When and how to say ‘I love you’

Have three little words arranged in such an order ever caused more angst than these? Probably not. In our technology-focused world where you can be in a relationship with someone you’ve never even met in person, we all seem to struggle with the notion of a monogamous relationship – too scared to admit we’re exclusive, too nervous to ask if we’re actually a couple and too picky to settle down with just one person, let alone choose between the 10 million dating apps that rinse all our mobile data on a daily basis. Somehow though, between left swipes and awkward set-ups, love is still managing to conquer all… nearly.

If you find yourself in a relationship and feel some kind of heart pounding emotions coming into play then you might just be in love, gents. How and when to say “I love you”, however, isn’t easy, but after a quick survey of the office, we’ve discovered a few dos and don’ts, whens and hows.


Members of the TGJ office agreed that saying it should be around 3 to 6 months into a relationship. With the exception of one member saying he’d said it after just one month (it’s important to note that he falls in and out of love more often than most of us change our bedsheets), and another admitting that it took her live-in boyfriend an entire year before he said it. Three months is probably quite a good time to start asking yourself if you’re feeling something though, otherwise you run the risk of leading someone on.

If we’re honest though, putting a time-scale on it is really neither here nor there, the important thing to ensure if you’re about to say it is that it is love you’re feeling and not lust. You need to be 100% sure that you are past the fleeting feelings of lust and longing and ultimately sex. Being in love is about knowing someone fully – flaws and all – and loving them regardless. If you feel this after 1 month then great, if it takes 6 months to say it then that’s fine too – at least you’ll know you were sure.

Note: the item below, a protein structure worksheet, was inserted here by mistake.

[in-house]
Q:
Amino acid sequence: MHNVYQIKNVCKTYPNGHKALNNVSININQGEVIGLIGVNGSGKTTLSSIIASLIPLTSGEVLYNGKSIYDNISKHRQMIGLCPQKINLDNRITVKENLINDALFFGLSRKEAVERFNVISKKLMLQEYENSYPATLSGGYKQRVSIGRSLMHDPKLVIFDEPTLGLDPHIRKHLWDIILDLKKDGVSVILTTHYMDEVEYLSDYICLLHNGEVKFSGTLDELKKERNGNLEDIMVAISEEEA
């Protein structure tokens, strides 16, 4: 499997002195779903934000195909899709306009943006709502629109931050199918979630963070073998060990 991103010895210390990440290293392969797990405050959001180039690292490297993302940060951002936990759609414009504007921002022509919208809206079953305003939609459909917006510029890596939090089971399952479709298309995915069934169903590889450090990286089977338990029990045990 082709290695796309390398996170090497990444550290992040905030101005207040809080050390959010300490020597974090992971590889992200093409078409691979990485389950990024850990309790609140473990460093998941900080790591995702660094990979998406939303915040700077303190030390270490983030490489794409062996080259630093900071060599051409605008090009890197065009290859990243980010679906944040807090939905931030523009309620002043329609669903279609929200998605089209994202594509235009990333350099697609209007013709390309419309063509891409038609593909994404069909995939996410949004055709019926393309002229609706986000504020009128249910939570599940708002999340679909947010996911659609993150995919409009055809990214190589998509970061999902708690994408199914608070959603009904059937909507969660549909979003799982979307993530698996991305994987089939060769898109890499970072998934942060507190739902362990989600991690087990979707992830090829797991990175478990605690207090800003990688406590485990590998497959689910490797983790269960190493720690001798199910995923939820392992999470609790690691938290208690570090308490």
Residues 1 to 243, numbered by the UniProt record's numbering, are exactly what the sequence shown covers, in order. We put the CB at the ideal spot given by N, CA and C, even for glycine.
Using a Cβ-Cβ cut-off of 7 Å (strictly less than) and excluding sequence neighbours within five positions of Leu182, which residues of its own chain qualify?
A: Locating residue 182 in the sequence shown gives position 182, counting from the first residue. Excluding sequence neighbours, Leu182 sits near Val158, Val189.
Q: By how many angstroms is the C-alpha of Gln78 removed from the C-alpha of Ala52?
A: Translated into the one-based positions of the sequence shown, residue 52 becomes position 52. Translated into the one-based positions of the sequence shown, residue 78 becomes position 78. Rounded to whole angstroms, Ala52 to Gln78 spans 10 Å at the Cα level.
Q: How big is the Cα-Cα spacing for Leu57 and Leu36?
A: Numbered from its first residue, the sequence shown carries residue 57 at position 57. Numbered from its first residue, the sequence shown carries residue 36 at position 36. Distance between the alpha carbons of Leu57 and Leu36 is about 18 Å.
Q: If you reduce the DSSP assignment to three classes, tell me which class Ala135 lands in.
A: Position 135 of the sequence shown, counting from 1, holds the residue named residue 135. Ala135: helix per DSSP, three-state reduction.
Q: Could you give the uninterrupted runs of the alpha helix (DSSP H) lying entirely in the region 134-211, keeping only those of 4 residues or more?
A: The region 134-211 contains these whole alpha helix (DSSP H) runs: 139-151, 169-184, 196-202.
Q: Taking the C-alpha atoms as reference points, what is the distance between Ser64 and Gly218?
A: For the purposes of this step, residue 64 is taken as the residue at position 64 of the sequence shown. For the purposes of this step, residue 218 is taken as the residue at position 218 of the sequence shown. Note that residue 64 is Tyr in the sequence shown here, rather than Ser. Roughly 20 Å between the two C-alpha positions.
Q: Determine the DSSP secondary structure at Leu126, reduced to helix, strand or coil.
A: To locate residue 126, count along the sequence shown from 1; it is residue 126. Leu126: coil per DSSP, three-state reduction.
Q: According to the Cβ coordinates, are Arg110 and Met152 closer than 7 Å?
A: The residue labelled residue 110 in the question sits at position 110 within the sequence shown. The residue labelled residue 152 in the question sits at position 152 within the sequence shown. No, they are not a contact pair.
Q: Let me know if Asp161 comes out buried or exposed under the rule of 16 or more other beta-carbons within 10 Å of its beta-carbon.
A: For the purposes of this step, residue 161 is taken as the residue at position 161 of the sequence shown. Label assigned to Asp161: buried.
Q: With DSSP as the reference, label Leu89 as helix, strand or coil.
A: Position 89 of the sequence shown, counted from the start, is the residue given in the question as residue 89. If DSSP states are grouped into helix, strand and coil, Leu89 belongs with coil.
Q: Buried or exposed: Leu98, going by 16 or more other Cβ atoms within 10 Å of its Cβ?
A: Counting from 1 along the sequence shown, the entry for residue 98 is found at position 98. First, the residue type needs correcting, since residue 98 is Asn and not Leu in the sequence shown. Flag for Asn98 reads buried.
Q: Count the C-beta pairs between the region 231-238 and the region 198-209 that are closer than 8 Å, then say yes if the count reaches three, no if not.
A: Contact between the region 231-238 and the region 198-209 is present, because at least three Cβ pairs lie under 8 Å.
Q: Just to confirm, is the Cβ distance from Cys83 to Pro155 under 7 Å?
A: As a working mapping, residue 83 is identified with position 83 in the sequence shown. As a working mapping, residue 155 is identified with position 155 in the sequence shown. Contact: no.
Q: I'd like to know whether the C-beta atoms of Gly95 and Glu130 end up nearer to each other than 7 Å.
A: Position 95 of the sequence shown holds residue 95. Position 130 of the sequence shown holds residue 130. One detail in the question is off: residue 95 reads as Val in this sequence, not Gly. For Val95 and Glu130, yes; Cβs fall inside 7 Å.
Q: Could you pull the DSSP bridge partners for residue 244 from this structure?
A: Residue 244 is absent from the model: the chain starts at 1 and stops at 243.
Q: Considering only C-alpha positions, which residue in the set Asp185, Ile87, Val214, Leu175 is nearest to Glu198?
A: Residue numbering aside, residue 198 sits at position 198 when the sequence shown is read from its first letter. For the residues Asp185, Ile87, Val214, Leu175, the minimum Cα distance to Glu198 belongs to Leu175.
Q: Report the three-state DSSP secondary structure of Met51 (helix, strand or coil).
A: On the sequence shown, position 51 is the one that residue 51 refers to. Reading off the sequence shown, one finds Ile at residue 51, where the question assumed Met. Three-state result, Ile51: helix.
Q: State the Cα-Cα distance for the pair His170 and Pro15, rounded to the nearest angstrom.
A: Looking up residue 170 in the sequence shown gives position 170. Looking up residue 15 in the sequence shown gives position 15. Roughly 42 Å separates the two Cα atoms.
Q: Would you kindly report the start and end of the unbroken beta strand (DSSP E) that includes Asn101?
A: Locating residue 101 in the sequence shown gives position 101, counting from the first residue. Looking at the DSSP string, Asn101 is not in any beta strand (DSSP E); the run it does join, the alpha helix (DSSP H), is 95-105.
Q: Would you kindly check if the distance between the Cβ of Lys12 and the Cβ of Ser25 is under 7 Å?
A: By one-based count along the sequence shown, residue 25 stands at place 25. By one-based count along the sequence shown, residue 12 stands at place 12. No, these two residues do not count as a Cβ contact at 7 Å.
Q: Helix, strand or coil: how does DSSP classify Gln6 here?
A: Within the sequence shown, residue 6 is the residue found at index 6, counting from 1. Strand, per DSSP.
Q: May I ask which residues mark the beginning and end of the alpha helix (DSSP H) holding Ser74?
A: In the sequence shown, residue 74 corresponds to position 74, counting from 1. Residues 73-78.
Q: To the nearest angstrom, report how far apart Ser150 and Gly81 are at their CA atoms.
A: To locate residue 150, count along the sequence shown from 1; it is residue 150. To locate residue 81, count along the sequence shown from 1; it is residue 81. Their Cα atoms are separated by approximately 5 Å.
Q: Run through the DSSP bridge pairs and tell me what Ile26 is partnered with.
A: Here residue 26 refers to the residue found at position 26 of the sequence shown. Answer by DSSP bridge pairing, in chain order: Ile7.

This is a tricky one. No one wants to hear a ‘I love spending time with you’ or worse, a ‘thank you’. But saying I love you just because she said it is not a great basis upon which to base a relationship – don’t say it unless you mean it.


Newsflash: life is not a Hollywood movie. No matter how many times she’s watched The Notebook, she doesn’t really want that kind of big gesture – save that for a proposal or an apology. Saying ‘I love you’ should be intimate and between the two of you – just the two of you.


You may have walls down and your inhibitions loosened, feeling on top of the world after 3 shots of tequila, but now is not the time to say ‘I love you’. You may forget, she may forget. She may think you only said it because you were drunk and not because you really felt it. Say it sober gents.


It might seem like the right time – after sharing the most intimate act a couple can do and you certainly wouldn’t be the first man to choose this as primetime to say how you really feel, but saying it drunk on passion is as bad as drunk on tequila – she needs to know you really mean it and that it is indeed love, rather than lust.

Further Reading